When we moved to the compound here on the ravine two years ago, we left a home five miles away, one that we just now leased to a lovely family from Florida. The grounds and plantings have deteriorated over the two years so we called in the landscapers and nursery guys to clean it up.

Yesterday, we stopped by to check out their work-in-progress. The landscaping truck and a trailer mounded with brush and debris from the yard took up the street in front of the house, so we pulled in front of the neighbor’s house up the hill. Dave got out of the van ahead of me and went to the front door to hand over some extra keys. I headed across the lawn, calling out to my old gardening friend, Ritchie, who knows that property as well as I do. Ritchie was supervising the work.

Just as I stepped into the corner bed, the toe of my sandal caught on a flat rock I’d placed there years ago for a stepping stone, and I fell onto the lawn, face down, flattened out. Ritchie and Paco came running, Ritchie asking “Are you hurt?” and Paco summoning all his English to ask me if he could help me up. I heard the third man call to Dave through the front door of the house, “She fell down. She fell down.”

“No, no, I’m not hurt,” I said.

Paco had a bit of difficulty understanding me when I said, “I’ll get up, but it’s going to take a while” so I had to tell him, “Come back over here. Help me get up.”

He understood my beckoning and ran to hold out his hand. I could not reach his extended hand because I was lying face-down, on my stomach… As I climbed his leg, grabbed the other hand at his side, and pulled myself up, he kept saying, “Sorry. I’m so sorry.”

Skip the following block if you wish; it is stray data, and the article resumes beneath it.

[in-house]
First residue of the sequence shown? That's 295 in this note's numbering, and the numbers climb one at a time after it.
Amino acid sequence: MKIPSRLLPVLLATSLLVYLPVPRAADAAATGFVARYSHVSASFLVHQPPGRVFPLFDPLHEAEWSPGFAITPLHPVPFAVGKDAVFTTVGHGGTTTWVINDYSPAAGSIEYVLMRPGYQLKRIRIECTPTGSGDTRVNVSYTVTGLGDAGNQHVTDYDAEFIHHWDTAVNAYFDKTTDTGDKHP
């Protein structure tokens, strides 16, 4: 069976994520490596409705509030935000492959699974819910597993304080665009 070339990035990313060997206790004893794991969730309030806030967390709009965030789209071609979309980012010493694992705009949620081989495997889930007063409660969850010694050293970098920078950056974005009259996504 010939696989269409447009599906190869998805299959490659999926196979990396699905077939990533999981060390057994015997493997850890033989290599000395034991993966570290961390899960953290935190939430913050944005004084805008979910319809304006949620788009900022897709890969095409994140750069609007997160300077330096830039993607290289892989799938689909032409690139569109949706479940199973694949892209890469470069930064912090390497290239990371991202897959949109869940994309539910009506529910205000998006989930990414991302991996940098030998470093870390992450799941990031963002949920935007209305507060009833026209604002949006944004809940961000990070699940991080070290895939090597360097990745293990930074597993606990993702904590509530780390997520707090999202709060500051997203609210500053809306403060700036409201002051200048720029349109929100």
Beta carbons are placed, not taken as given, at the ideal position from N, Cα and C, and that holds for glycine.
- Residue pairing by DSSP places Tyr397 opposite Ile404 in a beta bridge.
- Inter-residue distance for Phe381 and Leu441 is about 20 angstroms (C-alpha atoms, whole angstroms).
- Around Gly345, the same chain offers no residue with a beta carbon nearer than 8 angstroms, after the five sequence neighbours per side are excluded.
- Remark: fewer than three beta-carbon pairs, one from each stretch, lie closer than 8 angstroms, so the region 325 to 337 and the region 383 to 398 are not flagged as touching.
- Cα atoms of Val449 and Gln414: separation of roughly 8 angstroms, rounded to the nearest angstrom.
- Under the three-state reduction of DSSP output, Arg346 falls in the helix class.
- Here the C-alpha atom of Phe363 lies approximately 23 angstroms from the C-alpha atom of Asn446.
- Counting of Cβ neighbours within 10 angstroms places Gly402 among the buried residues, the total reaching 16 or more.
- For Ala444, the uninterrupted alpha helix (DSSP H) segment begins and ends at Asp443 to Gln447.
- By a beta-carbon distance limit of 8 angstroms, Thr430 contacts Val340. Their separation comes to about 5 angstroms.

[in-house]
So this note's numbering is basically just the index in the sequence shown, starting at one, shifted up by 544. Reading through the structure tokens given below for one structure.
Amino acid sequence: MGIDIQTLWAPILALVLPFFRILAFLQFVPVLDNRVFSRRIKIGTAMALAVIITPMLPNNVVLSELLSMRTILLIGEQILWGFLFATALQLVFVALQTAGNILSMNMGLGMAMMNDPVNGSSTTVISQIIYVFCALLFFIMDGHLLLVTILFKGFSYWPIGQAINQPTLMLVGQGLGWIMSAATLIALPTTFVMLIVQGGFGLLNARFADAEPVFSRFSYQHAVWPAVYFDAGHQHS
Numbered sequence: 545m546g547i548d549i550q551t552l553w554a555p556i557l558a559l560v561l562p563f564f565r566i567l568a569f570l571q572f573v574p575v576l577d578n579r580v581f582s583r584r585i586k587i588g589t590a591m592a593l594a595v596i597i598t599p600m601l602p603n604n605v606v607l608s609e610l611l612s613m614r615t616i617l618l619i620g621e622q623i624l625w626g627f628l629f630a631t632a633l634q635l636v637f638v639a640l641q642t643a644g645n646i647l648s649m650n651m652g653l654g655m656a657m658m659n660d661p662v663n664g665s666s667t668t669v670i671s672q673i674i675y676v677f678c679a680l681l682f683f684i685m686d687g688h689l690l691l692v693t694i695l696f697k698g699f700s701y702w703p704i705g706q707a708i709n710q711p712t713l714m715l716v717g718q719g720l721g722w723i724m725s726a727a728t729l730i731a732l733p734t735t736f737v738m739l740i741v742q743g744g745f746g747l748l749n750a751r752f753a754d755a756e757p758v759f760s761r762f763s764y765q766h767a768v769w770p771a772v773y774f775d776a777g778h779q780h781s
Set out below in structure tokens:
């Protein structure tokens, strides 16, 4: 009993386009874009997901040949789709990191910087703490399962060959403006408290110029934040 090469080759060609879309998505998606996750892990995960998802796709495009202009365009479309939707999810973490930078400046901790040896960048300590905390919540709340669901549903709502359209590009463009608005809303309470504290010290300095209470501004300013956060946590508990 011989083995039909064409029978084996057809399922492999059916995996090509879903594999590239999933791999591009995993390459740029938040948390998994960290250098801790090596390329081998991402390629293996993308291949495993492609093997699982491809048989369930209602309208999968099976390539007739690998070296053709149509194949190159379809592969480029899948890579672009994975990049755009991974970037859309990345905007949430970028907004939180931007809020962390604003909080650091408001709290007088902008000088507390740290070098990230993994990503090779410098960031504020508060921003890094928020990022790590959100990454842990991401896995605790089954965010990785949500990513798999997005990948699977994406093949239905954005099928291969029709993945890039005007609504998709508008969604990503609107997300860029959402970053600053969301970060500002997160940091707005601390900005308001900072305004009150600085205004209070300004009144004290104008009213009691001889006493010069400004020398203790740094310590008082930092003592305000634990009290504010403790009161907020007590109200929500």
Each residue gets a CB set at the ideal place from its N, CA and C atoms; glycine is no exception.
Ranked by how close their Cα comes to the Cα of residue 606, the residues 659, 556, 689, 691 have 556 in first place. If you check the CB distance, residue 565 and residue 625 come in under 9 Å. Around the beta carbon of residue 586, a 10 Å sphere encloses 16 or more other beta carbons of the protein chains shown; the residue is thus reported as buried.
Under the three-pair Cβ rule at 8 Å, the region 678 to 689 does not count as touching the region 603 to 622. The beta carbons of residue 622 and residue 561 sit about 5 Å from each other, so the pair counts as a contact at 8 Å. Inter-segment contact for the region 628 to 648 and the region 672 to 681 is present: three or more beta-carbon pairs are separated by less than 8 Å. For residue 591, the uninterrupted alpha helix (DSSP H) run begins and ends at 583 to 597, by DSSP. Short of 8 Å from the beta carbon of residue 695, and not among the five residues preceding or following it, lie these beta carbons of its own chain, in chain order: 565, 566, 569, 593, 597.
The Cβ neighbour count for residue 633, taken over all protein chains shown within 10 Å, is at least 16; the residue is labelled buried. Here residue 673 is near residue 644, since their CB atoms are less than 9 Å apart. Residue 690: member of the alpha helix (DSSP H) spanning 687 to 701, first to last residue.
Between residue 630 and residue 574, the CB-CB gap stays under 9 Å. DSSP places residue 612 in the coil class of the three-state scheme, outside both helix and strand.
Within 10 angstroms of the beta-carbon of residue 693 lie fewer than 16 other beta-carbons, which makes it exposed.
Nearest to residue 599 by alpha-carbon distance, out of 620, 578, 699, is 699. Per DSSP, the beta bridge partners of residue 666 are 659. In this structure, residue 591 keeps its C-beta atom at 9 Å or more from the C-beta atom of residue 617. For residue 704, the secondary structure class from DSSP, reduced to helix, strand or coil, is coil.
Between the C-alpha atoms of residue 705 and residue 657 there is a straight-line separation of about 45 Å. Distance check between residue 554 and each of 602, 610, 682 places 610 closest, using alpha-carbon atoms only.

I feel certain he did not understand when I said, “It’s not your fault,” but he smiled when I said, “I’m okay.”

“Ritchie, this looks great,” I said, sweeping my arm around the front.

The third man said, “You need to take a look at the back yard. I think it needs a little more.”

The pine trees needed a little more trimming. The lilacs might not make it, in spite of the careful and severe pruning. The yucca plants are making great progress in their quest to take over the bank at the end of the drive.

Ritchie said, “It does not look like your place. You are gone. It looks like you are gone.”

“Yeah,” I said, checking out my sore left hand. “But it looks good, Ritchie. It looks good, all cleaned up. It’s just a change.”

Ritchie took my hand. “Is it hurt?” he asked.

“No, no, just a little sore.” I rubbed off some of the dirt and grass that had pressed into the heel of my hand.

Later I told Dave I was really surprised I didn’t break something. We both laughed when Dave said he didn’t know I’d fallen until he saw me sprawled out on the lawn and all the guys running to get me up.

I got up. I’m a bit bruised but okay. Same for the Titans. This current wretchedness will not undo the team. They’ll come back and fans will be saying, “Can you believe it? They’re better than ever.” The grounds at Beech Tree Lane will come back. Things are different there, but things are just fine. The critters on the ravine will come and go, and some plants will die, some new ones will spring up.

Three days ago, I noticed a brown, orange, and white ball sitting on the fox feeding station, almost blending in with the autumn trees behind it. It was the calico cat. We haven’t seen her in a year, but there she was, fatter than she was the last time we saw her, curled up in the morning sun, looking toward our windows. She was back every morning after that, same spot.

I was away from home this mid-morning. She may have come to visit earlier, I don’t know, but I do know that the sun’s rays are very bright–and I bet warm–on the fox-feeding station right now and she has plenty of time before sundown.


To everything there is a season and a time to every purpose under the heaven…Ecclesiastes 3:1.